Itasca fire district raises questions about Haymarket proposal

An attorney for the Itasca Fire Protection District is questioning Haymarket Center's claim that a proposed addiction treatment center would rarely use the district's only ambulance.

Haymarket officials insist their plan to convert a Holiday Inn into a 240-bed rehab facility wouldn't strain Itasca's police and fire services. The Chicago-based nonprofit's chief financial officer, James Baldwin, says the fire protection district's one ambulance would be called only if there was "an emergency affecting the health and safety of the patient."

Baldwin says a private ambulance service is expected to handle 90% of the advanced life safety and basic life safety calls from the proposed facility. As a result, he said, the total number of emergency calls requiring a response from police or firefighters is projected to be 33 a year - 13 for fire/EMS and 20 for police.

But during a public hearing Wednesday night attended by more than 470 people, an attorney for the fire protection district asked Haymarket President and CEO Dan Lustig why the organization previously offered to buy an ambulance for the district.

"If your true calculations are that it's only going to be 13 calls per year that your proposed project is going to have on EMS, why would you offer to buy an ambulance?" attorney Stephen Dinolfo asked.

Lustig said Haymarket made the offer to village officials to address concerns raised about the project.

Haymarket wants to refurbish the hotel to house hundreds of patients with substance-use disorders at a time when advocates say there is a rising demand for services. There were 98 opioid-related deaths last year in DuPage County.

But the proposal is facing opposition from residents who say Itasca is too small to support the facility. Opponents, for example, point to how the fire protection district needed voters to approve a property tax hike last fall to help balance its budget.

"There's a variety of things that were being presented as barriers or burdens to the village, to the fire protection district," Lustig said. "We were trying to work in good faith to try to address those issues."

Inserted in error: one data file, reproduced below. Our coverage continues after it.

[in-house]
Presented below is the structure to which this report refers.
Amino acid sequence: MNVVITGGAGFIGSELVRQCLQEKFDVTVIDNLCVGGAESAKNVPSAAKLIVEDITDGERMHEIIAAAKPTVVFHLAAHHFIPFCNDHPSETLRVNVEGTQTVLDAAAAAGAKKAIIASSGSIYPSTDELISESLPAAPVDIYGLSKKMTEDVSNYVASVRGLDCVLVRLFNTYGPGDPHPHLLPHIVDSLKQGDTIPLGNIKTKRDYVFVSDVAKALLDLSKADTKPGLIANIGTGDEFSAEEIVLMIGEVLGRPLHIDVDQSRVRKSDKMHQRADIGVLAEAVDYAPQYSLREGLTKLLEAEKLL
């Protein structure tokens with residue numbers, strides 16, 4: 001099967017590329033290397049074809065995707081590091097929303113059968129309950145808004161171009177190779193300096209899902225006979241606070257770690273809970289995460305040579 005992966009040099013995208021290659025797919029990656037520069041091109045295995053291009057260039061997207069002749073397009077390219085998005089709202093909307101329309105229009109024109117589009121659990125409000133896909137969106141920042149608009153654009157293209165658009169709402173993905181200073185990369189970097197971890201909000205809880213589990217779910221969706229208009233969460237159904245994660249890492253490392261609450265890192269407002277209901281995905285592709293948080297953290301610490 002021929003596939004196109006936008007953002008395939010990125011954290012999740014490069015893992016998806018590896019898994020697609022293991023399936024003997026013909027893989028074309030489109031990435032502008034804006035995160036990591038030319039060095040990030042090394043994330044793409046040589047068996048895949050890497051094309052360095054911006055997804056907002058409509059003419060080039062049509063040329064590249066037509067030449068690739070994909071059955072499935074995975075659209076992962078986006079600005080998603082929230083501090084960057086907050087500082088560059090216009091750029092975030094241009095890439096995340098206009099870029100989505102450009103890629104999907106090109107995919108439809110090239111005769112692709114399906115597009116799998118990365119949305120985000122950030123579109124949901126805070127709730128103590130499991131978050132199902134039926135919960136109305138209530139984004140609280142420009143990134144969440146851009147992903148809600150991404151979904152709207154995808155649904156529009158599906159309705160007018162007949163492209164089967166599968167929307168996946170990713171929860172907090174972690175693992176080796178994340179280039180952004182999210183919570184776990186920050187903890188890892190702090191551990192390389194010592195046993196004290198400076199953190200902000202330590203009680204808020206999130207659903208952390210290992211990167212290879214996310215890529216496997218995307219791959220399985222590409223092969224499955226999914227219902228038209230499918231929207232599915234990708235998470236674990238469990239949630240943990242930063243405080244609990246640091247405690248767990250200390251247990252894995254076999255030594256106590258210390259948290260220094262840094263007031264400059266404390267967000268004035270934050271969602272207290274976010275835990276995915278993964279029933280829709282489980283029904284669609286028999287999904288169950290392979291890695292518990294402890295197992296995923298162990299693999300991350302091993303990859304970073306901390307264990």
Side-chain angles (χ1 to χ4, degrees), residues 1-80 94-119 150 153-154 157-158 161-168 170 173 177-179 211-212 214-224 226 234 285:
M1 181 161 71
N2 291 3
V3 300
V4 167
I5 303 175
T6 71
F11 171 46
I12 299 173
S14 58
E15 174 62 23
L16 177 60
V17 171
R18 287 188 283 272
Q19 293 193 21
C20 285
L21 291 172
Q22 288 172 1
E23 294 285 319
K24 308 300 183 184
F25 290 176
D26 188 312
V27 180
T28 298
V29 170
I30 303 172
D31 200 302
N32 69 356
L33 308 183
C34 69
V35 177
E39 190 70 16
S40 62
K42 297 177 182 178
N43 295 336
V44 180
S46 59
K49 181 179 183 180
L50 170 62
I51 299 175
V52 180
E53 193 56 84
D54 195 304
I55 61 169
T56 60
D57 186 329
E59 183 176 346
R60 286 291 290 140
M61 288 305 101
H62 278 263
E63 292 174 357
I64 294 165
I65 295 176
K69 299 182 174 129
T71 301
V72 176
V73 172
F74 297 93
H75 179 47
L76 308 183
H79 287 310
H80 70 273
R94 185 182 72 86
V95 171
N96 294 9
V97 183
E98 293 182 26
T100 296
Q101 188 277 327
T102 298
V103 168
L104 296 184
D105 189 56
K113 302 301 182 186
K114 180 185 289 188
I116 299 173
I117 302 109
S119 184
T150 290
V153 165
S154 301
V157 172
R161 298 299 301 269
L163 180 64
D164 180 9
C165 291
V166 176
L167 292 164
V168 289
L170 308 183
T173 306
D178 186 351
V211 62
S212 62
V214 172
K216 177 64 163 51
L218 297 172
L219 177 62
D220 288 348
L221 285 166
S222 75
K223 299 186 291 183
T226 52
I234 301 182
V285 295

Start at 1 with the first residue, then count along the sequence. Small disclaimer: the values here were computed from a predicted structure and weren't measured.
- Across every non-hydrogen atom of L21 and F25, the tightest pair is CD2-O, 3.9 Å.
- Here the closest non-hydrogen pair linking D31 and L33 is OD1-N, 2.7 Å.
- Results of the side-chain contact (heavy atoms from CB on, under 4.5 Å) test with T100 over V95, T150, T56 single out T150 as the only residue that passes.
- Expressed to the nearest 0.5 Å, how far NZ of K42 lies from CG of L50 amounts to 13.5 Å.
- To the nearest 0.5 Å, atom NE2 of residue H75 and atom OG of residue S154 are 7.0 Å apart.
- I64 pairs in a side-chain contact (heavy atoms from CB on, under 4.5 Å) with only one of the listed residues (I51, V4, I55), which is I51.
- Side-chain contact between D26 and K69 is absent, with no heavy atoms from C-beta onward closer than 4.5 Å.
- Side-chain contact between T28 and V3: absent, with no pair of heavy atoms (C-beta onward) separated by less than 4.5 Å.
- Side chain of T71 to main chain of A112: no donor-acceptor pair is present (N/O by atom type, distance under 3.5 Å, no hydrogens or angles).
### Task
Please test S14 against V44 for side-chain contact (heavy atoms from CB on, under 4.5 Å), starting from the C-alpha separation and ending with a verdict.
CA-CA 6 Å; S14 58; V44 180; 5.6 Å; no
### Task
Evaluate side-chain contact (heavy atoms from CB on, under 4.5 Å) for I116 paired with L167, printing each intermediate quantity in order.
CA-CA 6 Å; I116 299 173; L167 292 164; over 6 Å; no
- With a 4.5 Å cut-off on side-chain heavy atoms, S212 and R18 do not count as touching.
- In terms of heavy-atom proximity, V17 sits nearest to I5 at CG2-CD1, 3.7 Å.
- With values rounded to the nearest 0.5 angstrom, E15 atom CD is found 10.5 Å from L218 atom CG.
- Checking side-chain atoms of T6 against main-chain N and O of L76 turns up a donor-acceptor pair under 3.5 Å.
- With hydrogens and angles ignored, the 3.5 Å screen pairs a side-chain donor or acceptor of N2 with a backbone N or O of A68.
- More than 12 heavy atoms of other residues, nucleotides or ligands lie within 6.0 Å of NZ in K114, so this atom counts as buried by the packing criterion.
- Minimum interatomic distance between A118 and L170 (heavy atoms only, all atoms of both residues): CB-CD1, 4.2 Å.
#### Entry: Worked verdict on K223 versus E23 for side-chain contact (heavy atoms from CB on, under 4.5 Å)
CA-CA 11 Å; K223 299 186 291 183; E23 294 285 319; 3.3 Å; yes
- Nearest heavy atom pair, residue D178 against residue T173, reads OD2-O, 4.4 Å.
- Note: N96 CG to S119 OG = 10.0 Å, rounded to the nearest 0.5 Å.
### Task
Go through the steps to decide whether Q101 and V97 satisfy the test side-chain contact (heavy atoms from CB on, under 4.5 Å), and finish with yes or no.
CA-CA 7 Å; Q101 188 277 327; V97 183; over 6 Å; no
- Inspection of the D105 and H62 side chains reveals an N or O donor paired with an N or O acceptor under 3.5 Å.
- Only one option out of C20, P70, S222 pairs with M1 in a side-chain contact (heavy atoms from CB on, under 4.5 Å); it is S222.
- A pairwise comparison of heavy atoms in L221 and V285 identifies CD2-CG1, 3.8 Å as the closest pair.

However, Dinolfo said Haymarket never took its offer to buy an ambulance directly to the fire protection district.

"Offering the mayor an ambulance would be like offering the fire protection district a police car," he said. "It doesn't make a lot of sense."

Dinolfo also challenged Haymarket's claim that there were 338 emergency calls requiring a response from its Chicago location in a single year.

Residents who obtained the information through a Freedom of Information Act request insist the number of calls was 863.

Haymarket officials say there are several reasons for the discrepancy, including instances where individual calls were given multiple service codes.

But Dinolfo said Haymarket's analysis of the 911 calls didn't include two of the addresses for the campus in Chicago. He said one of those addresses - 124 N. Sangamon St. - had 649 emergency calls over five years.

"You made the conscious decision not to analyze data for the other two buildings that Haymarket uses to provide service to its 12,000 patients," Dinolfo said while questioning Baldwin on Wednesday.

Baldwin responded that Haymarket wanted to be in line with a report prepared by the village. "They use our two main business addresses, and we did the same," he said.

But Dinolfo said analyzing 911 call data for all the buildings would "give a more accurate picture."

Dinolfo also pointed out to Haymarket officials that a contract with the private ambulance company could be canceled at any time. In addition, there's no legal obligation for Haymarket to use a private ambulance service.

"If you didn't renew the contract or you cancel the contract or the contract ceased to be in existence," Dinolfo said, "the calls for services at your proposed facility would fall under the Itasca Fire Protection District."

But Haymarket officials say that's not their intention. In fact, Lustig said Haymarket is looking to get an additional ambulance company "as a secondary backup."

Haymarket officials are expected to respond to more questions during the next meeting, which is planned for Nov. 13 at Peacock Middle School in Itasca.

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Questions remain after Itasca's first hearing on Haymarket proposal

Haymarket officials: Facility would rarely use 911 services in Itasca

Itasca residents still worry about 911 calls from proposed rehab center

Signs opposing the proposed Haymarket Center have popped up around Itasca. Daily Herald photo
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